Members of Zimbabwe's ruling Zimbabwe African National Union-Patriotic Front (ZANU-PF) held meetings with top Iranian and Chinese military officials in early March with the intent of strengthening military cooperation. Zimbabwean President Robert Mugabe hosted a delegation headed by China's People's Liberation Army Adm. Tong Shiping from March 7 to March 10. Defense Minister Emmerson Mnangagwa visited Tehran from March 9 to March 13 to meet with his Iranian counterpart, Ahmad Vahidi, as well as with President Mahmoud Ahmadinejad and Foreign Minister Ali Akbar Salehi.
Though all parties kept their rhetoric vague, Zimbabwe likely signed deals with these countries for the delivery of military equipment for ZANU-PF's military arm, the Zimbabwean Defense Forces. These actions are part of ZANU-PF's efforts to strengthen its military ahead of Zimbabwe's presidential election, scheduled to occur no later than April 2013. With the election process sure to be rife with controversy, the ruling party is taking steps to ensure its continued dominance through military control.
ZANU-PF wants to hold the election as soon as possible for the sake of the ailing, 88-year-old Mugabe. The effort has been delayed, however, by internal disagreements between ZANU-PF and its government coalition partner, the Movement for Democratic Change (MDC), as well as by criticism from international bodies. Mugabe is often the subject of international condemnation, but he remains the only Zimbabwean politician known to be capable of keeping his party united for an election. ZANU-PF leaders hope he will be re-elected one last time before passing power to a member of his inner circle -- potentially Mnangagwa, whose faction is in a strong position since the August 2011 death of rival power broker Solomon Mujuru.
ZANU-PF has depended on its security apparatus to guarantee previous elections, most recently in 2008, when the party allegedly killed hundreds of dissenters and displaced thousands more to secure victories in presidential and parliamentary elections. Moreover, the recent overthrow of the Ivorian government and internationally assisted regime change in Libya has made the ruling party wary of a similar intervention in Zimbabwe, however unlikely that may be.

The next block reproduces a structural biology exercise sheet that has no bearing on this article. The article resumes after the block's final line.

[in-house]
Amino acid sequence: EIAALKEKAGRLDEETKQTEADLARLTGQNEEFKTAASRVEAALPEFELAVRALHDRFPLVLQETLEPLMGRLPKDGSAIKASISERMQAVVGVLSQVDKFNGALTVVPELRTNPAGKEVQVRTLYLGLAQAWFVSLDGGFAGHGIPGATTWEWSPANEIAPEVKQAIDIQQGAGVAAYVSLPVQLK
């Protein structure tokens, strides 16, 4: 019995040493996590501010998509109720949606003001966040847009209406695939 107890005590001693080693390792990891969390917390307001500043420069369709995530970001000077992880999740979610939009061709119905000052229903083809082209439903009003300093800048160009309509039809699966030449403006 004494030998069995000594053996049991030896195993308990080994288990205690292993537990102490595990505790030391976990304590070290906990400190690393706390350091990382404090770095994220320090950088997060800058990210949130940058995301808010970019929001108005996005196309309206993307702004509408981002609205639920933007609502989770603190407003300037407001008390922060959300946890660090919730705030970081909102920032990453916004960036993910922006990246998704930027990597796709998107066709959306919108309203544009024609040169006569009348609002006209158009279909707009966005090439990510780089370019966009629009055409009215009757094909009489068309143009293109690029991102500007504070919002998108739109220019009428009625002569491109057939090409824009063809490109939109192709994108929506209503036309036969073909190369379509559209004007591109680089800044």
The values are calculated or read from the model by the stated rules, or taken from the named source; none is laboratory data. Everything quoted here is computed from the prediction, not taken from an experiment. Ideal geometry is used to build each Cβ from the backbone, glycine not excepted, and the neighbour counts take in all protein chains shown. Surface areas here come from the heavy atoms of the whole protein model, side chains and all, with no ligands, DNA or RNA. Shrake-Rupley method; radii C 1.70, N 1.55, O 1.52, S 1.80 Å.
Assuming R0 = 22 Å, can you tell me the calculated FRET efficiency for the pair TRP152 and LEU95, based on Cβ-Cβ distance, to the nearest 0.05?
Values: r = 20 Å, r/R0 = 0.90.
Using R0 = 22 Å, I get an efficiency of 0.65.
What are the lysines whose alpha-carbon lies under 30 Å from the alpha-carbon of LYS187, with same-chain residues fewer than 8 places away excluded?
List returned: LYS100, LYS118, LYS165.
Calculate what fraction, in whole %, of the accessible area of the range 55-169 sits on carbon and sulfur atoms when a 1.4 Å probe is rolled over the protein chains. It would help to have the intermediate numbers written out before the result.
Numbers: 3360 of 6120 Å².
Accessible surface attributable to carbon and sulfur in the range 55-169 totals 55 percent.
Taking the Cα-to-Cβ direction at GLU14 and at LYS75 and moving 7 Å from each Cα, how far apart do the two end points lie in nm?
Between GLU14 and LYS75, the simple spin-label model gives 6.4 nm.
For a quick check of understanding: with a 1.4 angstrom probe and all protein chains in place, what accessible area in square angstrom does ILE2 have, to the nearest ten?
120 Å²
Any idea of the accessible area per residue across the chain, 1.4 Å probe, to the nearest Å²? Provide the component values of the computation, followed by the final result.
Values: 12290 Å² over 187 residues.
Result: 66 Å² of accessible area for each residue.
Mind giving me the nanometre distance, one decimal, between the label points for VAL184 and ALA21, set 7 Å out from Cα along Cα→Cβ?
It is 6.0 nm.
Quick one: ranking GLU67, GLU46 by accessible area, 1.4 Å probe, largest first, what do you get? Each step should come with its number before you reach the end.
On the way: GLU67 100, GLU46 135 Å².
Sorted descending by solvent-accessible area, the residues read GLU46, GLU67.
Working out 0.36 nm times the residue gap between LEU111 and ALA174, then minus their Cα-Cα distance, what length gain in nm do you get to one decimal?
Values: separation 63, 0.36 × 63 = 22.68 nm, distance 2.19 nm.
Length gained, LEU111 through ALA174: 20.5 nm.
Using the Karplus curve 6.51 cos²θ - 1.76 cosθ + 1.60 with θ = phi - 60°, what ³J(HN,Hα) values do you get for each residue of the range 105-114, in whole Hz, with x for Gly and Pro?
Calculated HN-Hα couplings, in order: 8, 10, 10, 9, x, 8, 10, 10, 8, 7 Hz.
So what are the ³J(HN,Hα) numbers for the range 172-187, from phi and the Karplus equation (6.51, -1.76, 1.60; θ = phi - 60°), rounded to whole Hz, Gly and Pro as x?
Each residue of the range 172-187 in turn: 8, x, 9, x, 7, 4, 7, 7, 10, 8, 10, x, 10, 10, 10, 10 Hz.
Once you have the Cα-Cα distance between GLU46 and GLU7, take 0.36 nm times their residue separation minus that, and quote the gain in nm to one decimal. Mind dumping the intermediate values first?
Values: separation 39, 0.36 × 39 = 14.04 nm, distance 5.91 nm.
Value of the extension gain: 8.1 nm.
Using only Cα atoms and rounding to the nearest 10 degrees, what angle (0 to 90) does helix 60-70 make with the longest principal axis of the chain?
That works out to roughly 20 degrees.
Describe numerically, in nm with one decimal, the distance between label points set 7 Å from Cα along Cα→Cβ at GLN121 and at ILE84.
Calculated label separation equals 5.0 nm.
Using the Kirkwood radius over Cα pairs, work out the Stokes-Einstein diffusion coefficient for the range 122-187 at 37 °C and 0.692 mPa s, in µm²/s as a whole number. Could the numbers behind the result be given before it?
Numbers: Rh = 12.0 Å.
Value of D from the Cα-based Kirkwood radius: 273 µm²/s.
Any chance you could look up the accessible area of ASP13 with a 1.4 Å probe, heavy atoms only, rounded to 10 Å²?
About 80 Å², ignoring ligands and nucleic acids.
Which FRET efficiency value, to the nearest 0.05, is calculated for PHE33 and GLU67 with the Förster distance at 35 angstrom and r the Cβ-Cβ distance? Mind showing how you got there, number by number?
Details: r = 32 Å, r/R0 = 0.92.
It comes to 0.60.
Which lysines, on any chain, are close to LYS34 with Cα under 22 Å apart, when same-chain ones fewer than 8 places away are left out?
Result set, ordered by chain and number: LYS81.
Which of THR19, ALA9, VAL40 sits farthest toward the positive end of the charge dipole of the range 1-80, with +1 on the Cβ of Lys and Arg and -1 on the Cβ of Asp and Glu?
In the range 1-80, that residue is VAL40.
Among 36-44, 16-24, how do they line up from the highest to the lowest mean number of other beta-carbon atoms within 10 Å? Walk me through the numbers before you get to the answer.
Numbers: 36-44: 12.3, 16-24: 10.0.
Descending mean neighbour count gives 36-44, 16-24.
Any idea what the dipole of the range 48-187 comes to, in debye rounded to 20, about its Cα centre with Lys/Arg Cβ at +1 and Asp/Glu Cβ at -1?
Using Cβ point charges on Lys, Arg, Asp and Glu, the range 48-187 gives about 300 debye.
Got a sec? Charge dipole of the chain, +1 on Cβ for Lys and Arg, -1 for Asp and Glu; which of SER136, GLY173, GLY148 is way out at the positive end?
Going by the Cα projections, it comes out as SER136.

China has supplied more than one-third of Zimbabwe's weapons in the past; this share is set to increase now as the country's other historical suppliers, the United Kingdom and Libya, have respectively refused and become unable to continue their shipments. Iran, eager to benefit from Zimbabwe's gold and diamond resources, also appears accommodating to ZANU-PF's military supply requests.
Zimbabwe's geography poses a challenge: The country is landlocked, and most of its trade must pass through the South African port of Durban. Since South Africa wants a regime in Zimbabwe that is pliant to its interests, it is likely to restrain any military shipments intended for Zimbabwe. South Africa has exercised this option before. In the middle of Zimbabwe's 2008 election crisis, authorities uncovered a shipment of small arms and explosives sent from China. After extensive civil protests, the high court in Durban refused to allow the shipment to be moved overland. The shipment reportedly instead moved through Angola, and the weapons may yet have reached Zimbabwe.
The incident may have prompted ZANU-PF to consider alternative shipping routes, but there are costs associated with each. Mozambique's smaller ports constitute one nearby alternative trade corridor, but South Africa has a commanding presence there as well. Routes through ports in Tanzania or Angola will likely be less resistant but will increase travel time. Air transit, though considerably more expensive, also is an option.
The military remains ZANU-PF's best recourse to ensuring its power, especially as the party faces sustained internal and external opposition because of its continued resistance to political reforms. The ruling party thus has little alternative to its reliance on military partners to maintain political control.
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Zimbabwe's Possible Arms Deals with China and Iran is republished with permission of STRATFOR.